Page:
DR Congo : the Troubled East
December 18, 2007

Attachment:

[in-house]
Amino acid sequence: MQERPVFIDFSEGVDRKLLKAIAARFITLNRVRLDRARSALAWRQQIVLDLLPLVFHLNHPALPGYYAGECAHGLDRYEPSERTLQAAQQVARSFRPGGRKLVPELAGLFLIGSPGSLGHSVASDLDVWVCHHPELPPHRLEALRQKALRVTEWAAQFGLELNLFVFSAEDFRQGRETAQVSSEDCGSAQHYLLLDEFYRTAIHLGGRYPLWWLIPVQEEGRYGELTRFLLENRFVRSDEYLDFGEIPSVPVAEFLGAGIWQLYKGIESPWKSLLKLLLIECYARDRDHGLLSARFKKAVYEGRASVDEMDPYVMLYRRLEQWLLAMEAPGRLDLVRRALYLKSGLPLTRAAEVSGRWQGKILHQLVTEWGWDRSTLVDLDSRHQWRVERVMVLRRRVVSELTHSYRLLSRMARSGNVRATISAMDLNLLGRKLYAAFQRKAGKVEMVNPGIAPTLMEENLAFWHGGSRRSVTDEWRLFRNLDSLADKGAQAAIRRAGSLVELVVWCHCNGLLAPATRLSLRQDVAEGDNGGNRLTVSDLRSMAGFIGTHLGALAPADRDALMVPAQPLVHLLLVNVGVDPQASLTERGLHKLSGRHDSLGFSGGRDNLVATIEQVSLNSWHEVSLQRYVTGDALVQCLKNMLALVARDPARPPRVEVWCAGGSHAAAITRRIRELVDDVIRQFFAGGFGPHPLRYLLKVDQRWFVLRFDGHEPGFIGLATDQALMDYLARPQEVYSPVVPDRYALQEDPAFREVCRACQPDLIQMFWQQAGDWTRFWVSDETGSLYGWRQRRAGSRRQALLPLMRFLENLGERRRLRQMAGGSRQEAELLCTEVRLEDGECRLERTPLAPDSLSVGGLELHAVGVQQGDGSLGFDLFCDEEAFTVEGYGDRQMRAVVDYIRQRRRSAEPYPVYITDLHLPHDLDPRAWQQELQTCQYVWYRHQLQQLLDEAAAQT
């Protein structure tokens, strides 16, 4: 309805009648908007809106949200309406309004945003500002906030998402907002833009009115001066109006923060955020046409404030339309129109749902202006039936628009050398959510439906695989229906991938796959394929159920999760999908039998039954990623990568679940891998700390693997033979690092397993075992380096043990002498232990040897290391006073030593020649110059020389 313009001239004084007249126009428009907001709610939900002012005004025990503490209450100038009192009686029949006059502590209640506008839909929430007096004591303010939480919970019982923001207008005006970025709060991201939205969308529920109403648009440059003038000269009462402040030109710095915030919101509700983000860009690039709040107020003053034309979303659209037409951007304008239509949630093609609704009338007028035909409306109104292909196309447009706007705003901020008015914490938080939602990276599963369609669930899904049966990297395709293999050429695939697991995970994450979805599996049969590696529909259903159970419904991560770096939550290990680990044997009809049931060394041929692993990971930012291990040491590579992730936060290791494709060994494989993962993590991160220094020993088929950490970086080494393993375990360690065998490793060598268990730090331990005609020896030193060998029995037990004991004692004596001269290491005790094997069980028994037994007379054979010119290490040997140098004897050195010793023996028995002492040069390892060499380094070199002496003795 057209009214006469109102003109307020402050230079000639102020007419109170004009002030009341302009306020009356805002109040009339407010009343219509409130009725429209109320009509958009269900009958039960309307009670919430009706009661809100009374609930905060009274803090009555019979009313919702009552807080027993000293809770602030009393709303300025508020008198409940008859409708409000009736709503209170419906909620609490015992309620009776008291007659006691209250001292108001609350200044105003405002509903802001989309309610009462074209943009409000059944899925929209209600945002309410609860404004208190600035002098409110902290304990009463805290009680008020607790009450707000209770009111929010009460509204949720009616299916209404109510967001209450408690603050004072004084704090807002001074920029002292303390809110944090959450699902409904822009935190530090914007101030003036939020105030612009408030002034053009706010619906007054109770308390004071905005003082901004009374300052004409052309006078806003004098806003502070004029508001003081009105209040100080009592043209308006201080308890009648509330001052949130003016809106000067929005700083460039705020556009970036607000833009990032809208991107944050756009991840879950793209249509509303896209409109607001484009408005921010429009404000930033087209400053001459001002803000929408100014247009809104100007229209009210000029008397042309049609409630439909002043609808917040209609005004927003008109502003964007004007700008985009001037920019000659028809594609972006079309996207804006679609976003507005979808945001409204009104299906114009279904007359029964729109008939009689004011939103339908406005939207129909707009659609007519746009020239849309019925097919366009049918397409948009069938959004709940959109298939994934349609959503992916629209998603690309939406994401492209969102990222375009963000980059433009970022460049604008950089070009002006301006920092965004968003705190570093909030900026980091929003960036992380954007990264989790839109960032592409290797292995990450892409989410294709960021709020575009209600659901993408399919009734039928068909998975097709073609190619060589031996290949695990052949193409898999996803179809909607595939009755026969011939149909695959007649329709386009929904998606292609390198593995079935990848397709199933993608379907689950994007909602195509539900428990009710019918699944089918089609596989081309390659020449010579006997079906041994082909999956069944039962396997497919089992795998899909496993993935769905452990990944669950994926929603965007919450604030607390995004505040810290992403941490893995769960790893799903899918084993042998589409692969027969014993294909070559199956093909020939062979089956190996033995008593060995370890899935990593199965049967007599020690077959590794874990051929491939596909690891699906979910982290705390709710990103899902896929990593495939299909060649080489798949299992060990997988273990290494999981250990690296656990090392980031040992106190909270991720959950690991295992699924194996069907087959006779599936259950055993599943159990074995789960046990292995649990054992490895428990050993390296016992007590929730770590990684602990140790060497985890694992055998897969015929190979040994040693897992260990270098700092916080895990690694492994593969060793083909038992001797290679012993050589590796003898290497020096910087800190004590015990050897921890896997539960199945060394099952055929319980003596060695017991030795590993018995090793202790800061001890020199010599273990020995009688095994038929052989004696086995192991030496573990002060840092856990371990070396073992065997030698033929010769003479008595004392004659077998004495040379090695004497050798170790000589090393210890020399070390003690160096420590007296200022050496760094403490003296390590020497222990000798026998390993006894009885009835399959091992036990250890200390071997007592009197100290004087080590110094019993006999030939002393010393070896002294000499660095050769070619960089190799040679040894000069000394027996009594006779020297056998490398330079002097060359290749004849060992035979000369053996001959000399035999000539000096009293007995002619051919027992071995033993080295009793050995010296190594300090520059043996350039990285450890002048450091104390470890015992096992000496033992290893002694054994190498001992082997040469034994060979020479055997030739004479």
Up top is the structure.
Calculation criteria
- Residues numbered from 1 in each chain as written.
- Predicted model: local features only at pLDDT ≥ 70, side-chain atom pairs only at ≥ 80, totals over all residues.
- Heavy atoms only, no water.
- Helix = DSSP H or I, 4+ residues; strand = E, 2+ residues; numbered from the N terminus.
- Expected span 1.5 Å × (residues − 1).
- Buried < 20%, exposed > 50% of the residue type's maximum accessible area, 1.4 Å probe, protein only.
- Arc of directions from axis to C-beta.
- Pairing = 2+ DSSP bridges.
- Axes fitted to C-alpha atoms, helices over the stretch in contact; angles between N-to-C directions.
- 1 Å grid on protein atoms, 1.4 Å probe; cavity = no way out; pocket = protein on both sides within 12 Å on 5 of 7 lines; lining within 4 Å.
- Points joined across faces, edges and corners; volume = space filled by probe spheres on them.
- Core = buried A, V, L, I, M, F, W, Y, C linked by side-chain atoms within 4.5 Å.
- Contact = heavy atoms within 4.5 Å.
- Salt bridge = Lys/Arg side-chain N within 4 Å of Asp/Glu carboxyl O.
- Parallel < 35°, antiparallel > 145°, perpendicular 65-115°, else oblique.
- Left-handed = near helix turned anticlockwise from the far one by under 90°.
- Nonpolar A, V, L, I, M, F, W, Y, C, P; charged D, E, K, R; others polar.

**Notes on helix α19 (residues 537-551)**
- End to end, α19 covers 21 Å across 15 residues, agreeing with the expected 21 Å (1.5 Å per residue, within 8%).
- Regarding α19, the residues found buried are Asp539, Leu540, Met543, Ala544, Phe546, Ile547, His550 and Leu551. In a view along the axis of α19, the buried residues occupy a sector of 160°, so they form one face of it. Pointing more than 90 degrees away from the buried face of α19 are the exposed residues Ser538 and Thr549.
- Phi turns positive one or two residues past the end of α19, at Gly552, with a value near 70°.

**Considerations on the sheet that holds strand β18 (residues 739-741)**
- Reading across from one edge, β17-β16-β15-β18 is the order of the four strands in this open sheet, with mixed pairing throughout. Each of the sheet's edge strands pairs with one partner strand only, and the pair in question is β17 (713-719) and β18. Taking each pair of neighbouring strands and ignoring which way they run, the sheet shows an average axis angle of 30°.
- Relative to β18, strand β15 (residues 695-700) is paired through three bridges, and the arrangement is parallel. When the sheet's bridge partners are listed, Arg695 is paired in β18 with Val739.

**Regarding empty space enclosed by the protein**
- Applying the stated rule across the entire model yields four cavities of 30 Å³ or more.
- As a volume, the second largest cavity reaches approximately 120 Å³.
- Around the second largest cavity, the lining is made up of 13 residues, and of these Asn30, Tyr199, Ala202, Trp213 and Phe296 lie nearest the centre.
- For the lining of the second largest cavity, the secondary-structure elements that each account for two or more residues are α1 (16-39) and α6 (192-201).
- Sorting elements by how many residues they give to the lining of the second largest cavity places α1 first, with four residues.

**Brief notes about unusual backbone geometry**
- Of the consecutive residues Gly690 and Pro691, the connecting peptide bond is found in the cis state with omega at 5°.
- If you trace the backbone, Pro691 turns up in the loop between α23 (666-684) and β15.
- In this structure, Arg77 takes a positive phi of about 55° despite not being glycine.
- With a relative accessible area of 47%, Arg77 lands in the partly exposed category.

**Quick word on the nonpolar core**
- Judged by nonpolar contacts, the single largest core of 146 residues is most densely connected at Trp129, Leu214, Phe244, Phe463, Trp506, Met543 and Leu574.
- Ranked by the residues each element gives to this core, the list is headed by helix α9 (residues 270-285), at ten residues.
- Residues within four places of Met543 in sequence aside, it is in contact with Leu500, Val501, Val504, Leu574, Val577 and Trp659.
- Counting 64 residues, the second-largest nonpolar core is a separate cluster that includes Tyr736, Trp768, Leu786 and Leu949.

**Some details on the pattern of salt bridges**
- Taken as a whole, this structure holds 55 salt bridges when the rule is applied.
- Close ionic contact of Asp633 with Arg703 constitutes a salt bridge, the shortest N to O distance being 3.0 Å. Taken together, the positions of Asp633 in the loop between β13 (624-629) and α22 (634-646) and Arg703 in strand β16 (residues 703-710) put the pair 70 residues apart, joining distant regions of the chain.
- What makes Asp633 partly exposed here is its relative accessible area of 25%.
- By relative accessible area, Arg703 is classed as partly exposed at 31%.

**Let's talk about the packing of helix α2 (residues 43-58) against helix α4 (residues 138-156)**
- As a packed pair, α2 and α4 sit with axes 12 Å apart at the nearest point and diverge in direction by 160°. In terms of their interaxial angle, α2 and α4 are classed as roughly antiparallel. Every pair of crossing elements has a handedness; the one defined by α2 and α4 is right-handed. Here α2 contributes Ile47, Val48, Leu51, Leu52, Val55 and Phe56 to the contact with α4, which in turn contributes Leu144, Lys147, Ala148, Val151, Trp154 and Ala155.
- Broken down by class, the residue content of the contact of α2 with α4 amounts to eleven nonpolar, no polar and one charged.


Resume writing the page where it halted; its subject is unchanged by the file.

There are two schools of thought to explain the continuing violence in the Eastern Democratic Republic of the Congo. One, which could be labeled the traditional post-Rwanda genocide view, and which is widely held in the international community, is that “negative forces” (i.e. the Forces Démocratiques pour la Libération du Rwanda, FDLR, the genocidaire-tainted Rwandese Hutu guerrillas) loot and rape the two Kivus, plan a genocide of the Congolese Tutsi, and hope to be able to do the same thing in Rwanda itself one day. Then there is the heretical view held by some hard-nosed NGOs (and also by the not-yet-dead pro-genocidaire networks in Europe and francophone Africa) that the violence is in fact a carefully-orchestrated plot by the Rwanda’s RPF regime, which is still trying to retain control of various mining interests in the eastern Congo and uses the insurgency of General Laurent Nkunda to achieve this aim. Although both of these versions hold a grain of truth, both are substantially wrong. Why? Because the problems of the Eastern Congo are not “Rwandese” – pro or anti-Kigali – but essentially Congolese. They existed before the war with Rwanda broke out in September 1996, and they have remained. In fact, it is even more logical to invert the proposition: war with Rwanda in 1996 was possible not only because large numbers of armed refugees had crossed the border into Zaire after Rwanda’s genocide, but also because the security situation in large tracts of North Kivu was so degraded that both the surviving genocidaire authorities and the new government in Kigali had a ready battlefield begging for foreign intervention. Places like Masisi or Rutshuru had already been aflame for the past four years when the rival Rwandese armies jumped into the fray in the fall of 1996. The underlying reason lay in two mind-boggling problems that have yet to be resolved even today. First was the problem of integrating the Rwandophone minority (in South Kivu) or majority (in North Kivu) with the so-called authochtone populations. (The putative authochtones see themselves as “native,” a self-attributed label for a number of Kivu tribes.) The second problem was to get the two segments – Hutu and Tutsi – among the Rwandophone group to live peacefully with each other. These problems had potentially been there since the 1920s, when the colonial authorities hit upon the bright idea of “decongesting” – their word – the thick demography of Rwanda by moving large numbers of Banyarwanda into the Belgian Congo. At the time, there were only small Rwandophone peasant minorities in North Kivu and a very special pastoral minority isolated atop the cold reaches of the Itombwe plateau in South Kivu, the now famous Banyamulenge . By the time of independence the Rwandophone communities had become a near majority in North Kivu and had appreciably grown in South Kivu. Then, the anti-Tutsi pogroms in Rwanda during the independence crisis (1959-1963) added a new layer, this time of refugees, while the Congolese civil war of 1960-1965 obliged them to take sides. Many sided with Mobutu because the Simba rebels had targeted them. Thus by the end of the wars the Rwandophones were all at once